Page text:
The bill is sponsored by U.S. Sen. Richard Durbin, D-Ill., assistant majority leader. It is still pending.
Nick Nyhart, president of Public Campaign, a Washington, D.C.-based interest group supporting clean elections, brought up a familiar name during his testimony before the committee.
“This voluntary system has changed the faces of democracy where it has been implemented,” Nyhart said, according to the hearing transcript. “In Maine, for example, Deborah Simpson (D-Auburn), a low-wage worker, a single mom, and a grass-roots civic activist, is now a member of the state Legislature where she pays particular attention to the policies that affect children living in poverty. She credits the Clean Elections system as her successful entry ticket into the political arena.”
Gov. John Baldacci said in a statement Friday that there needs to be a balance between encouraging people to run for office and ensuring that candidates have a certain level of support.
“Clean Elections has gone a long way toward reducing special interest funding in Maine elections and making the process more open to public scrutiny,” Baldacci said. “We must continue to ensure, however, that taxpayer dollars provided to candidates seeking elective office are being spent wisely.”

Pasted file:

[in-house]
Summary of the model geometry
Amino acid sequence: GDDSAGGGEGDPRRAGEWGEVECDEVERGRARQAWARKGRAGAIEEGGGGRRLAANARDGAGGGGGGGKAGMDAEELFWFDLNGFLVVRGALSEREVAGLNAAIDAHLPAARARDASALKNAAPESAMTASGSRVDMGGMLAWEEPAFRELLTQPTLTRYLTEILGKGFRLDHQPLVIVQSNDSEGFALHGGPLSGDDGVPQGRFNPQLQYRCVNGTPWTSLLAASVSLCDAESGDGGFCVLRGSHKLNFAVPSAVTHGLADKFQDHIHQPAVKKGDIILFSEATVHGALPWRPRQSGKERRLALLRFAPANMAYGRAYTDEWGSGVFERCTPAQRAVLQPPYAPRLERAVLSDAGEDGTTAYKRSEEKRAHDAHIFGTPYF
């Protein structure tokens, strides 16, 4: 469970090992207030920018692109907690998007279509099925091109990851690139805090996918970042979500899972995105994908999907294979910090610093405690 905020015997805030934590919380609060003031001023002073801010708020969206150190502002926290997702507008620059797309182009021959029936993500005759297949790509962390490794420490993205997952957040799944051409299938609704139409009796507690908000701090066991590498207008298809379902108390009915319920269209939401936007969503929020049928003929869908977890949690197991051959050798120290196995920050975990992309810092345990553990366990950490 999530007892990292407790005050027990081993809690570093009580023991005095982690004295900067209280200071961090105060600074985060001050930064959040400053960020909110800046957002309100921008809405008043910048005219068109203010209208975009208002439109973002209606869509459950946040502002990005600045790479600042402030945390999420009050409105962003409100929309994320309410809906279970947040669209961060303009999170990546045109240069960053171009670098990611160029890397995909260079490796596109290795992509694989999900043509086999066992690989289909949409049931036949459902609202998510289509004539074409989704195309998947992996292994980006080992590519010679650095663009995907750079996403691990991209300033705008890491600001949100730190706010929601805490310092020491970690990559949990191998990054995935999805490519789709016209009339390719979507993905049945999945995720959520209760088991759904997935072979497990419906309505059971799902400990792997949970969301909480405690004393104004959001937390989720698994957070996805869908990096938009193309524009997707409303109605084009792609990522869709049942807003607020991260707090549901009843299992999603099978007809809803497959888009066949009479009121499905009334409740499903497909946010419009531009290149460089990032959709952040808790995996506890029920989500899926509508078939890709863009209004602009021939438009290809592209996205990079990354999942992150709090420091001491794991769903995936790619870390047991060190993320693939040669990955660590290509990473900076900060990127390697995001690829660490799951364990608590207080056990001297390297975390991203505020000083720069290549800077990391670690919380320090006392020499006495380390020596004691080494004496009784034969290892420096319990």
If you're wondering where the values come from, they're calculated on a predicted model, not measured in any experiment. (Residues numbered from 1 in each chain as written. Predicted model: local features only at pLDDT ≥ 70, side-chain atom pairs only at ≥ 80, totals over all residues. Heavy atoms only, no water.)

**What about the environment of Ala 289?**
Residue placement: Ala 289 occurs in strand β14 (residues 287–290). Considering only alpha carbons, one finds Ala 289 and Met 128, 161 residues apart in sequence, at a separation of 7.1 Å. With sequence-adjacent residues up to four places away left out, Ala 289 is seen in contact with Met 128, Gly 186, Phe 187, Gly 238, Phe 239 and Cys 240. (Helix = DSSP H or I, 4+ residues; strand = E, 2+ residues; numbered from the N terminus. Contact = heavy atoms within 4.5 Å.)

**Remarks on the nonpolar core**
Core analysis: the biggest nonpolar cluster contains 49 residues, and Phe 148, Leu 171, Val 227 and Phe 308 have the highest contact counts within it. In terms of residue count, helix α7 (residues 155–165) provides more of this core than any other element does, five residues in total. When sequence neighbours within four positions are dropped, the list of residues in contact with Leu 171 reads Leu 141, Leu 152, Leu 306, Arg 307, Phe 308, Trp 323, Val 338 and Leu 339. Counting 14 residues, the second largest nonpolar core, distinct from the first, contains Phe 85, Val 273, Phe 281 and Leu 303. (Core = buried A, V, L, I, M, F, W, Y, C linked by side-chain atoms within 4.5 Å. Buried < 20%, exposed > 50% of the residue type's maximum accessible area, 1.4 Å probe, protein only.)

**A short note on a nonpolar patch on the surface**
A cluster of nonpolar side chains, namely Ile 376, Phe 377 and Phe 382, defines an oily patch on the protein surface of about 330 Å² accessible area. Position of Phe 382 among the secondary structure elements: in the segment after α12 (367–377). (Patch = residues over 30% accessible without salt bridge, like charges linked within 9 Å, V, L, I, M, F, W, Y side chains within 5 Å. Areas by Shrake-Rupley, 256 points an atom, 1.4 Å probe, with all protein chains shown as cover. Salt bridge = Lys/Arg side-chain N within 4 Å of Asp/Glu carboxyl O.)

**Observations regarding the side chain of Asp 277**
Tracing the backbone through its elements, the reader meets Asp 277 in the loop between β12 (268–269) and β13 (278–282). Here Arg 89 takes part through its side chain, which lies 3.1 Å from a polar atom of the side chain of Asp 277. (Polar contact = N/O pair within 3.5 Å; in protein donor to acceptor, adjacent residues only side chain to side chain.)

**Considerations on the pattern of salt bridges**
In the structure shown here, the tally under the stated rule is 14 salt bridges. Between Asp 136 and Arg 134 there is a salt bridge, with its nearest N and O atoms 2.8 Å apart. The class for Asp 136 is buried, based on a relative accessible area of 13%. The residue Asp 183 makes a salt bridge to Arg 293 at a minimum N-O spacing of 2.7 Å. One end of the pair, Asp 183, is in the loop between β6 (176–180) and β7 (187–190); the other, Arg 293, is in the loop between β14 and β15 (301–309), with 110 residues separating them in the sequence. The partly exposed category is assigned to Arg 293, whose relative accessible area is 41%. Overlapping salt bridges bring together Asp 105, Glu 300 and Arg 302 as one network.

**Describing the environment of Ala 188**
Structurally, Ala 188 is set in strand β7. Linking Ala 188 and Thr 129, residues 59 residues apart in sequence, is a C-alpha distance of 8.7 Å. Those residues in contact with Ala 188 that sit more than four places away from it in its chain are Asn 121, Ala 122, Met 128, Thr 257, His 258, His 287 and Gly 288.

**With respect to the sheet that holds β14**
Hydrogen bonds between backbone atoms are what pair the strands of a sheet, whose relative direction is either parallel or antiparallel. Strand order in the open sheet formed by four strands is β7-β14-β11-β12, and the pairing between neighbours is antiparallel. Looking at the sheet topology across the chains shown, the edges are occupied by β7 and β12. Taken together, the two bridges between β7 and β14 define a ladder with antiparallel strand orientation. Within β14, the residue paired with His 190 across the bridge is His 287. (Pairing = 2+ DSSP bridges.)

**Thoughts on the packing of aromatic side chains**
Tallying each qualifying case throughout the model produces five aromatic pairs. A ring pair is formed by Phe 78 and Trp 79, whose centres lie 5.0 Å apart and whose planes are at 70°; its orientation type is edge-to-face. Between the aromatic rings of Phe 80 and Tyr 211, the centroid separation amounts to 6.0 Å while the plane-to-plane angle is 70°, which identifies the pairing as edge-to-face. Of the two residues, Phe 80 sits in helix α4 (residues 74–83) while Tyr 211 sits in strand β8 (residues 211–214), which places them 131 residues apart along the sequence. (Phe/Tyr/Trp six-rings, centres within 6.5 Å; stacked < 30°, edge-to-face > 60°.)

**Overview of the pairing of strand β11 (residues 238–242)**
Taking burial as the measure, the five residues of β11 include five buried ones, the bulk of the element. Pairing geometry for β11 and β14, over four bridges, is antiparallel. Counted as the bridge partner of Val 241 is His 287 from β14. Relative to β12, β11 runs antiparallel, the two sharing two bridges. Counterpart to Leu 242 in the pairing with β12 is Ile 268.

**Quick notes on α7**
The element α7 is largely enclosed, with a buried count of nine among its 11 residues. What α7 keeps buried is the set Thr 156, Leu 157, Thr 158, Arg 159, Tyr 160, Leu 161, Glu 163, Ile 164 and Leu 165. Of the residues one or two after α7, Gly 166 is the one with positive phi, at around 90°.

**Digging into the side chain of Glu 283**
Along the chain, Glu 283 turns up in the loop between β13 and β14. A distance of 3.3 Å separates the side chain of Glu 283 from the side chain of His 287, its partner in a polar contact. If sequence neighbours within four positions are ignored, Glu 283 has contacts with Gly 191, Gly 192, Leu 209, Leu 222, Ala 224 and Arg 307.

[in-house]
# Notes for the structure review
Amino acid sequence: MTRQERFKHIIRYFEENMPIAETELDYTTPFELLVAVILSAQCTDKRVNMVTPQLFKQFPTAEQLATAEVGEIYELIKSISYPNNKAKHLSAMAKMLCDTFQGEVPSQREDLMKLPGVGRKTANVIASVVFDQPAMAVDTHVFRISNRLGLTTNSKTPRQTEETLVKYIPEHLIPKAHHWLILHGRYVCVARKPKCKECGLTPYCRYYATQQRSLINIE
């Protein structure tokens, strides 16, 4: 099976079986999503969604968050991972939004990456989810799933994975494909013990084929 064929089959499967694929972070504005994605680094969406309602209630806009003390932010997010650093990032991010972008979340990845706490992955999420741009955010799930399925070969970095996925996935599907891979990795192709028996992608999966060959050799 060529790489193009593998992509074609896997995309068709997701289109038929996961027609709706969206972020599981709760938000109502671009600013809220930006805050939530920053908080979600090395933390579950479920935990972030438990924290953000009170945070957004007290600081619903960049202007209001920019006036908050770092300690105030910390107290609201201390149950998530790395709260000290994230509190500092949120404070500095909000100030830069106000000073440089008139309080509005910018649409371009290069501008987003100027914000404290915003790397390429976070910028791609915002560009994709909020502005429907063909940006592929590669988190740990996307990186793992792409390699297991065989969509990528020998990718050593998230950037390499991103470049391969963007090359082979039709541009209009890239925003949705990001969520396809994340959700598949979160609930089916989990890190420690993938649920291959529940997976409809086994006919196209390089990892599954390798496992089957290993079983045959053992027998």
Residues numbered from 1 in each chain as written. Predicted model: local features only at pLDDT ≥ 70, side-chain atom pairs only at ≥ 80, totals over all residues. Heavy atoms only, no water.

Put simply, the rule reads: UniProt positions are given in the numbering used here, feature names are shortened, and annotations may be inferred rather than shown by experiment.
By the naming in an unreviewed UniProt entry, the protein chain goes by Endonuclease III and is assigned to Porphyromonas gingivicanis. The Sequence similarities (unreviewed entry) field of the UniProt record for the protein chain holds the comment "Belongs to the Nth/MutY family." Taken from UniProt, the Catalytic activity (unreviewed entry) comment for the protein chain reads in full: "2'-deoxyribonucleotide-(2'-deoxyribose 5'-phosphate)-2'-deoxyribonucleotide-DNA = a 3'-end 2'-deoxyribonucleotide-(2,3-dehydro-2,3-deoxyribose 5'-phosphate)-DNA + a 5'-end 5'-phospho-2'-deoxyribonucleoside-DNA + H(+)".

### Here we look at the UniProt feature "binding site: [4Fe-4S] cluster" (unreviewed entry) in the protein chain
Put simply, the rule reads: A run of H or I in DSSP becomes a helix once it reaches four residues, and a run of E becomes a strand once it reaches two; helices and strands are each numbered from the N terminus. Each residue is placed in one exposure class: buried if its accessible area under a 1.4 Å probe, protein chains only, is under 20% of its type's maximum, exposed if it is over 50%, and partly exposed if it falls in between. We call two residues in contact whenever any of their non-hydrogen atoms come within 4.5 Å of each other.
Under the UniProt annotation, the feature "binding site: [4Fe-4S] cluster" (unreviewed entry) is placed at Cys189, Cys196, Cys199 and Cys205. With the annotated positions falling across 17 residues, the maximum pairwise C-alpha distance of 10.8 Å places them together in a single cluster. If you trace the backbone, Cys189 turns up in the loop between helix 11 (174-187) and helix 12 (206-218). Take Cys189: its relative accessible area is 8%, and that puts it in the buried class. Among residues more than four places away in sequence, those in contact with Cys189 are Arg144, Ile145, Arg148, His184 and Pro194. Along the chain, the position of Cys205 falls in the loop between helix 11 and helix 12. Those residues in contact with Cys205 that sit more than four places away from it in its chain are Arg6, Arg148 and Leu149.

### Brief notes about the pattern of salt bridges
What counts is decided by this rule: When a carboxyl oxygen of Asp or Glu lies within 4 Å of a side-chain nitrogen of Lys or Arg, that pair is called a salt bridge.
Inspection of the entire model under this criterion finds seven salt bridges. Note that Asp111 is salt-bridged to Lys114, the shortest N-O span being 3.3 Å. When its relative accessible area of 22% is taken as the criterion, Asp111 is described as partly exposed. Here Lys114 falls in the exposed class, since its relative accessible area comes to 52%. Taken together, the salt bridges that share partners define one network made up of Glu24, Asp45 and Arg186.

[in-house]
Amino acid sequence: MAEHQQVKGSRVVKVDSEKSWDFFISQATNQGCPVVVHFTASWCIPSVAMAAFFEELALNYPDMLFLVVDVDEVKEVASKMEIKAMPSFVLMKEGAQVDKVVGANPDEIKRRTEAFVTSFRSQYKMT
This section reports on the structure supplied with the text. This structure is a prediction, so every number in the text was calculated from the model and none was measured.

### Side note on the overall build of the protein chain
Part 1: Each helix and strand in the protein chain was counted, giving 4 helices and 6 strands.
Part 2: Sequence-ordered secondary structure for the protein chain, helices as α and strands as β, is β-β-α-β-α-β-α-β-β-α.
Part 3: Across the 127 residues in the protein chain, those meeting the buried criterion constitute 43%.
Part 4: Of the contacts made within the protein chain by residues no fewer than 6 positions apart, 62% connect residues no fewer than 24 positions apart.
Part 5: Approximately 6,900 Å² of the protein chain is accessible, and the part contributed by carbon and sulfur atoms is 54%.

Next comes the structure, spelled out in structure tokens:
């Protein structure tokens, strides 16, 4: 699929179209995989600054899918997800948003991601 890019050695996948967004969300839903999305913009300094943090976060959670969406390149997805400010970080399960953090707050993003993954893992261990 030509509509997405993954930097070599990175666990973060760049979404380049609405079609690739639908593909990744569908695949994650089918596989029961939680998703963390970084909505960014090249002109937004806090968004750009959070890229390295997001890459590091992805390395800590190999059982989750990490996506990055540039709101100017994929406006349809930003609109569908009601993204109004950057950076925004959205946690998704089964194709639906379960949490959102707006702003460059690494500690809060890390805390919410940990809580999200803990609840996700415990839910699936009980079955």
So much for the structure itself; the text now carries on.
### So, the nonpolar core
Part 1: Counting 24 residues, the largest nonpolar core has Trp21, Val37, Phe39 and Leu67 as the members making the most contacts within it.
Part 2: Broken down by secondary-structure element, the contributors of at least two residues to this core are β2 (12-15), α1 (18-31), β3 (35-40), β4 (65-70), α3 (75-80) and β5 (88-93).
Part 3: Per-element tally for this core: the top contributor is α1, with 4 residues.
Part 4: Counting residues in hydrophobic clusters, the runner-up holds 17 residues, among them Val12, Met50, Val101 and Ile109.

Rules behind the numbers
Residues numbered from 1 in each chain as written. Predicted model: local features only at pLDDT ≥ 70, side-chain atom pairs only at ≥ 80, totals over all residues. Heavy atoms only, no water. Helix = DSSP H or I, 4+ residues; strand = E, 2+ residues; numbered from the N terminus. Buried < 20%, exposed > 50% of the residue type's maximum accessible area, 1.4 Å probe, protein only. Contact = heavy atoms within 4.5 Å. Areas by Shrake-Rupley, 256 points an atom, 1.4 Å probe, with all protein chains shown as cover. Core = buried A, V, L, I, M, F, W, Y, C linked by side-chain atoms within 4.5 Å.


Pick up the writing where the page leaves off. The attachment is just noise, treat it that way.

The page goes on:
Durbin’s federal bill does not have any sponsors from Maine. U.S. Sen. Susan Collins opposed the idea in a statement Friday.
“I do not believe that taxpayers should be burdened with paying to fund political campaigns for congressional candidates at a time when we have so many urgent needs in our country such as health care, education, defense, and homeland security,” Collins said. “I believe that taxpayer money is better spent meeting the needs of our young, our elderly and our most vulnerable, and protecting our nation against threats from nature and from those who want to do us harm.”
U.S. Sen. Olympia Snowe also was wary.
“I have long been an advocate for campaign finance reform, as our current system is far from perfect,” Snowe said in a statement Friday. “For that reason I co-sponsored the bipartisan Campaign Reform Act of 2002 and supported efforts to uphold the law when it was challenged in the Supreme Court. At the same time, I have long held concerns about placing taxpayers in the position of having to pay for candidates’ campaigns.”
Friends in high places
Chellie Pingree, who recently resigned from her post as president and CEO of Common Cause to seek a U.S. congressional seat in the 2008 election, said the organization helped with the research for Durbin’s bill.
Attempts in previous years with similar bills in Congress have failed. Pingree said this one is different.
Durbin’s power as assistant majority leader doesn’t hurt either, Pingree said, nor does the fact that it is co-sponsored by Pennsylvania Sen. Arlen Specter, a five-term Republican.
“This is the closest anyone has come to a bill that looks like what we do in Maine,” Pingree said. “I just happen to think that the Maine model, which has obviously been successful and growing in popularity, is the best way to go about doing public financing.”